Sticks and Stones Essay

Submitted By jglennon14
Words: 906
Pages: 4

Laurel Bennis
Mrs. Davis
AP Language and Composition light bulb
April 16, 2007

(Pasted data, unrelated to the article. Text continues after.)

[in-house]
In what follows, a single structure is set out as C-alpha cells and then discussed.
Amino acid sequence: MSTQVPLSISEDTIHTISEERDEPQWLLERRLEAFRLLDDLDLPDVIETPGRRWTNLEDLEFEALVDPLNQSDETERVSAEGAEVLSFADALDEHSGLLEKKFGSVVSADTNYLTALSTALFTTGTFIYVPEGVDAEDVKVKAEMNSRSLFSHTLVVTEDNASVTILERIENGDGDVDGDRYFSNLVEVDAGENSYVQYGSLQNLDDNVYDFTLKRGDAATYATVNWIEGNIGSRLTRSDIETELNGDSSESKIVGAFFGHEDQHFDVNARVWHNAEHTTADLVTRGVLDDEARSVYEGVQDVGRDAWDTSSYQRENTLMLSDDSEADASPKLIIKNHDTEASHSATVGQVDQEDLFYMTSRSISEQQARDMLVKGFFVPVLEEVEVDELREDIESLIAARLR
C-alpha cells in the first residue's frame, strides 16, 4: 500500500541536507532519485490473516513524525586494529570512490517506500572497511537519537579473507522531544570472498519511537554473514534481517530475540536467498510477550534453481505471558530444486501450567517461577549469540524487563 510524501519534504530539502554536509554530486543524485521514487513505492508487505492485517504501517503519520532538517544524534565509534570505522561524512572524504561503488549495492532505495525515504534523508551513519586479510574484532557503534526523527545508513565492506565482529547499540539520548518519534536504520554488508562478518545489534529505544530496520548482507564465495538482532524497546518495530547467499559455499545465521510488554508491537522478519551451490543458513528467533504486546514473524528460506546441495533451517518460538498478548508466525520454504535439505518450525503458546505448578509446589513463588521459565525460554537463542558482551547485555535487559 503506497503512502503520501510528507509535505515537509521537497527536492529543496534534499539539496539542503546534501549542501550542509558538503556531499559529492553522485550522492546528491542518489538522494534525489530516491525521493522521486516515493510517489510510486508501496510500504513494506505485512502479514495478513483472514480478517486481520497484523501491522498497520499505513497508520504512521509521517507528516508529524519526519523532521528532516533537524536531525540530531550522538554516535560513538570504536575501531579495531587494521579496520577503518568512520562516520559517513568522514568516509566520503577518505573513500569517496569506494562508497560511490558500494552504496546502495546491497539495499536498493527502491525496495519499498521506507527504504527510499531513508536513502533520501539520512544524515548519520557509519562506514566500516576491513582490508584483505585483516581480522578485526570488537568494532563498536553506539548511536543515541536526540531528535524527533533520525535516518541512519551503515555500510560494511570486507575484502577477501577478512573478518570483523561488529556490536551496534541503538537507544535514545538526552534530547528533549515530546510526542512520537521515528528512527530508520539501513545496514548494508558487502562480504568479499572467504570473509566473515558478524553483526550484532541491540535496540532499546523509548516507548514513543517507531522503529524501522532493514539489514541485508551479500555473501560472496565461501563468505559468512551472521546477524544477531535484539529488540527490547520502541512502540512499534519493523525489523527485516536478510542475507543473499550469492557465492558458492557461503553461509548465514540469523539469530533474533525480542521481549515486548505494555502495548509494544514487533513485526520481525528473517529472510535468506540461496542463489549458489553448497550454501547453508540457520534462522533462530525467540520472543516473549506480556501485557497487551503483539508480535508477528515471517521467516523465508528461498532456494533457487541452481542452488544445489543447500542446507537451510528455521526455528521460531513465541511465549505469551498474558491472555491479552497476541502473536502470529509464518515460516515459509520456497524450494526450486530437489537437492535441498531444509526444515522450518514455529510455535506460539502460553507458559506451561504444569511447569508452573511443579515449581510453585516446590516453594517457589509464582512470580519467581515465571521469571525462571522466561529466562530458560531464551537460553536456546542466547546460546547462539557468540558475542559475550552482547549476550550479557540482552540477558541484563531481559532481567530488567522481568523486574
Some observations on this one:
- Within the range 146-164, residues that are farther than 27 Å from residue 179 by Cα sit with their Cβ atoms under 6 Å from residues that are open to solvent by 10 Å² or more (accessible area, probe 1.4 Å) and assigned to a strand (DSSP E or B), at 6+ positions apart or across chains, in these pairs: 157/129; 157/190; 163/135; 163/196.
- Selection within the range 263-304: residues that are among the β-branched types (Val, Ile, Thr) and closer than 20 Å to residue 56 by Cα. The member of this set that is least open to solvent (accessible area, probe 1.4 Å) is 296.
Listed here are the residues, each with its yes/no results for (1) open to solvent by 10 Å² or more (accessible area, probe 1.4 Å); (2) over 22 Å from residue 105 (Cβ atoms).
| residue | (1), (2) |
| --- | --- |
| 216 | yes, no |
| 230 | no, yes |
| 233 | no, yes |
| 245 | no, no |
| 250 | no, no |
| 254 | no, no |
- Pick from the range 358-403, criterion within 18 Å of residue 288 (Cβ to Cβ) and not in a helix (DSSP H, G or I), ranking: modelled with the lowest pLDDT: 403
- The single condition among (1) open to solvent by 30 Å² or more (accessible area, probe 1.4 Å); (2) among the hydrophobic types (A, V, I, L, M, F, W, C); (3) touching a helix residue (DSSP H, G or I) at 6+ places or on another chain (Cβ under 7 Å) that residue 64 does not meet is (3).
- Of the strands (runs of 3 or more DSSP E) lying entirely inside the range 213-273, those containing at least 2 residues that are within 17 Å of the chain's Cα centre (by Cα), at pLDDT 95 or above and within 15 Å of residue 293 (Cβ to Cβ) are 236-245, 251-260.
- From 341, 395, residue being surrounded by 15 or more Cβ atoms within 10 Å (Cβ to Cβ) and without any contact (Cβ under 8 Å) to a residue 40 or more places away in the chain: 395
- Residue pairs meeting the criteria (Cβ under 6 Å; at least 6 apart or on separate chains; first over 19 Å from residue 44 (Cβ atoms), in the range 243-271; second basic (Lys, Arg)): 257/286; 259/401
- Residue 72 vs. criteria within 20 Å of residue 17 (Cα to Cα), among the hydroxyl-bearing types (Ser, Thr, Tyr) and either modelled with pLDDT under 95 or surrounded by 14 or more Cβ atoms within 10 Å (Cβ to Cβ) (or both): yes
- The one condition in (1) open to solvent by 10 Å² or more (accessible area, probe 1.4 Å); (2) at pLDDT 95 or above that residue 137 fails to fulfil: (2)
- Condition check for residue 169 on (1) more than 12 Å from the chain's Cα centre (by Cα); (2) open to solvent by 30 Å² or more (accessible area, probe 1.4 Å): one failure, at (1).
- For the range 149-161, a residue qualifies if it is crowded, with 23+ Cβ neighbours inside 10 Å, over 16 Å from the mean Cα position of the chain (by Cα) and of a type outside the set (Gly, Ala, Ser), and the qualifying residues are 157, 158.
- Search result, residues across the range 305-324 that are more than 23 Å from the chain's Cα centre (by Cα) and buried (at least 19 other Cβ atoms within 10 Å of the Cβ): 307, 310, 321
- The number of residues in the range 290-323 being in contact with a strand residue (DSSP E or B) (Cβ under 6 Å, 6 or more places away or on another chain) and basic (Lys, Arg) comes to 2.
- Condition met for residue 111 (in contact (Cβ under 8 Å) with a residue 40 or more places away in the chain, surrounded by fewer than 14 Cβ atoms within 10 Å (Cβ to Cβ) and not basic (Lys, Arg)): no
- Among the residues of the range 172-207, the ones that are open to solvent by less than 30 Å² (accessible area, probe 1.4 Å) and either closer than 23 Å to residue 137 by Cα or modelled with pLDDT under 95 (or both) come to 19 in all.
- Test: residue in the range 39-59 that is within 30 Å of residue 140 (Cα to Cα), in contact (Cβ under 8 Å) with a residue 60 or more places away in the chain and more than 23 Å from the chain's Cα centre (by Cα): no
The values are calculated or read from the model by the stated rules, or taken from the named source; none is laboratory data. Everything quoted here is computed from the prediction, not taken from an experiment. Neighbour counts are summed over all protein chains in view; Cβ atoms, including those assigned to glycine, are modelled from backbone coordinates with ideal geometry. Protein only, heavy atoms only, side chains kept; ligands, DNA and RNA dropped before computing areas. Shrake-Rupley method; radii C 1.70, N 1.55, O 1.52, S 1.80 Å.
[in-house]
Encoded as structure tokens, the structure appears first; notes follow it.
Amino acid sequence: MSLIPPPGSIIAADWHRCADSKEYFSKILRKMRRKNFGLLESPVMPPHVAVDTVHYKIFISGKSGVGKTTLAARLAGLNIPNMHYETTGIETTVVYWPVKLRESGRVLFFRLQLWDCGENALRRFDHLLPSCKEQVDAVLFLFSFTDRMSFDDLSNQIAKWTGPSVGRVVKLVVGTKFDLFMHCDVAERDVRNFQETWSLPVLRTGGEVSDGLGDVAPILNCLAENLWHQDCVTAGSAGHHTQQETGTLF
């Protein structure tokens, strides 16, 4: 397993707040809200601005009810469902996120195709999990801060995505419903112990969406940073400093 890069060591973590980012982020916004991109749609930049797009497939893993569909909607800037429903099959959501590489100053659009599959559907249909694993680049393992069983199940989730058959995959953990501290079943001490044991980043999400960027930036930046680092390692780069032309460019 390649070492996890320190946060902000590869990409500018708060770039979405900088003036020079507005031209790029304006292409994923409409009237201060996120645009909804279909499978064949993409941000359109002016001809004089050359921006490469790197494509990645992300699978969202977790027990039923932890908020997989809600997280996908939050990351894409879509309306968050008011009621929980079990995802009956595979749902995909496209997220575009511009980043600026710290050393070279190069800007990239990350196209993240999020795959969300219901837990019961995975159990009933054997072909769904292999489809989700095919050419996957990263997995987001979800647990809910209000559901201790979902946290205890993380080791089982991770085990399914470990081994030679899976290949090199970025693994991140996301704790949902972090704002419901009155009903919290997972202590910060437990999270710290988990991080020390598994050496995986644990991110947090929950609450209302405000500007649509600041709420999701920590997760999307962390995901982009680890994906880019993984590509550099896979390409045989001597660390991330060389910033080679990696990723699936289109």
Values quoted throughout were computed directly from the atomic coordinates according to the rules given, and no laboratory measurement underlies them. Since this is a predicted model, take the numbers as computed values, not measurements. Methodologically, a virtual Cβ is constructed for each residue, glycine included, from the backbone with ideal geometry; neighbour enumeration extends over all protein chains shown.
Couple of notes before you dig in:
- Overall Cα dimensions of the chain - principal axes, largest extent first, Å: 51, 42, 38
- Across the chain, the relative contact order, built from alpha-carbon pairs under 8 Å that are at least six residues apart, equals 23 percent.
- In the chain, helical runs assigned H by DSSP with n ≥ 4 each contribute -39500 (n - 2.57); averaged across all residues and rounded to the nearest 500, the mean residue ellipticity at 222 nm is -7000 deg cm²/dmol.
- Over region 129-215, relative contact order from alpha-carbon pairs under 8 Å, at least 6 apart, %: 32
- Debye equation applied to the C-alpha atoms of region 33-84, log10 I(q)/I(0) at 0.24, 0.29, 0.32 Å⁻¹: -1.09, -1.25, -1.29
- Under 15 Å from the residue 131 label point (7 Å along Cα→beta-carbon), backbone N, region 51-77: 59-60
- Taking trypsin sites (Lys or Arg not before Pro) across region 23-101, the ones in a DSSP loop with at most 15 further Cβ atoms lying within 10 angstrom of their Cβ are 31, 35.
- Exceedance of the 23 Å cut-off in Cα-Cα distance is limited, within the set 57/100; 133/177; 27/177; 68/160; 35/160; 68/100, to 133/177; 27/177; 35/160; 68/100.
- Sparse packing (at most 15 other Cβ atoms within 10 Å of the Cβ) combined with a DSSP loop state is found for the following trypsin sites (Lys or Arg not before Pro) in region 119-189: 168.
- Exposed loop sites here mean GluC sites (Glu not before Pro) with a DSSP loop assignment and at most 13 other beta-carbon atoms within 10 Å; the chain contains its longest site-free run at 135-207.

Benjamin Franklin Giving an unparalleled look into the life of one of America’s founding fathers, The Autobiography of Benjamin Franklin utilizes numerous rhetorical fallacies to depict Benjamin Franklin’s rise through society. Based off his primary intent of the piece, the betterment of society, Franklin incorporates ethos as a mode of persuasion into his writing. As a component to argument, ethos is the process of convincing the audience of the credibility of the author. In using the rhetorical devices of ad hominem and argument from authority, Franklin is able to successfully depict his battle to establish himself amongst the best in society. Throughout the course of his autobiography, Franklin unknowingly exposes the readers to his extreme egotism. In rhetoric, Franklin uses ethos as a mode of persuasion: he attempts to persuade the readers of his moral competence and knowledge. Utilizing the rhetorical device known as ad hominem, Franklin is also able to establish his credibility as a person. Franklin ascertains himself as a superior person by attacking the faults of his friend’s characters. When writing about his stay with Keimer, Franklin comments on one of his acquaintances, James Ralph. He writes, “Ralph was ingenious genteel in his manners and extremely eloquent…rather more lax in principals of religion, for which made me suffer” (104). Franklin opens his discussion about Ralph with compliments to his personality then quickly moves to the negatives: his careless interest in religion. This practice is consistent throughout the story as Franklin often attempts to establish his credibility as a person. By showing the faults of his friends, Franklin illustrates how his morals have taught him not to be like the rest of society. For this reason, he convinces the readers of his impeccable character. Franklin successfully establishes his morality simply by utilizing the faults of his friends. Another prominent theme through the story is that of virtues-. Franklin often comments how the publication of his autobiography will be used for the betterment of society as it will be an example of how to improve one’s own virtues. By incorporating the two letters into his autobiography, Franklin establishes his authority as an expert on virtues: once again using ethos to build his credibility as a writer. While living in Paris, Franklin receives a letter urging him to expand upon the first part of his autobiography. The following is a passage from Abel James’ letter to Franklin which argues Franklin’s authority. James writes, “The influence writings under that class have on the minds of youth is very great. It almost insensibly leads the youth into the resolution of endeavoring to become as good” (135). James’ simply points out how others make use of the example Franklin has set on how to live one’s life. Franklin’s sole purpose for including this letter into his autobiography was to prove his expertise on improving society’s virtues. If other people attest to his great knowledge, it would be easier for him to convince the readers that his argument is a viable one. Although the incorporation of the letters may further confirm Franklin’s egotism, he is able to establish his credibility. Franklin is able to gather further support for his claim of moral perfection through the second letter written by Benjamin Vaughn. Once again, Franklin is able to incorporate the argument from authority to convince the readers of his impeccable character. Commenting on Franklin’s virtues,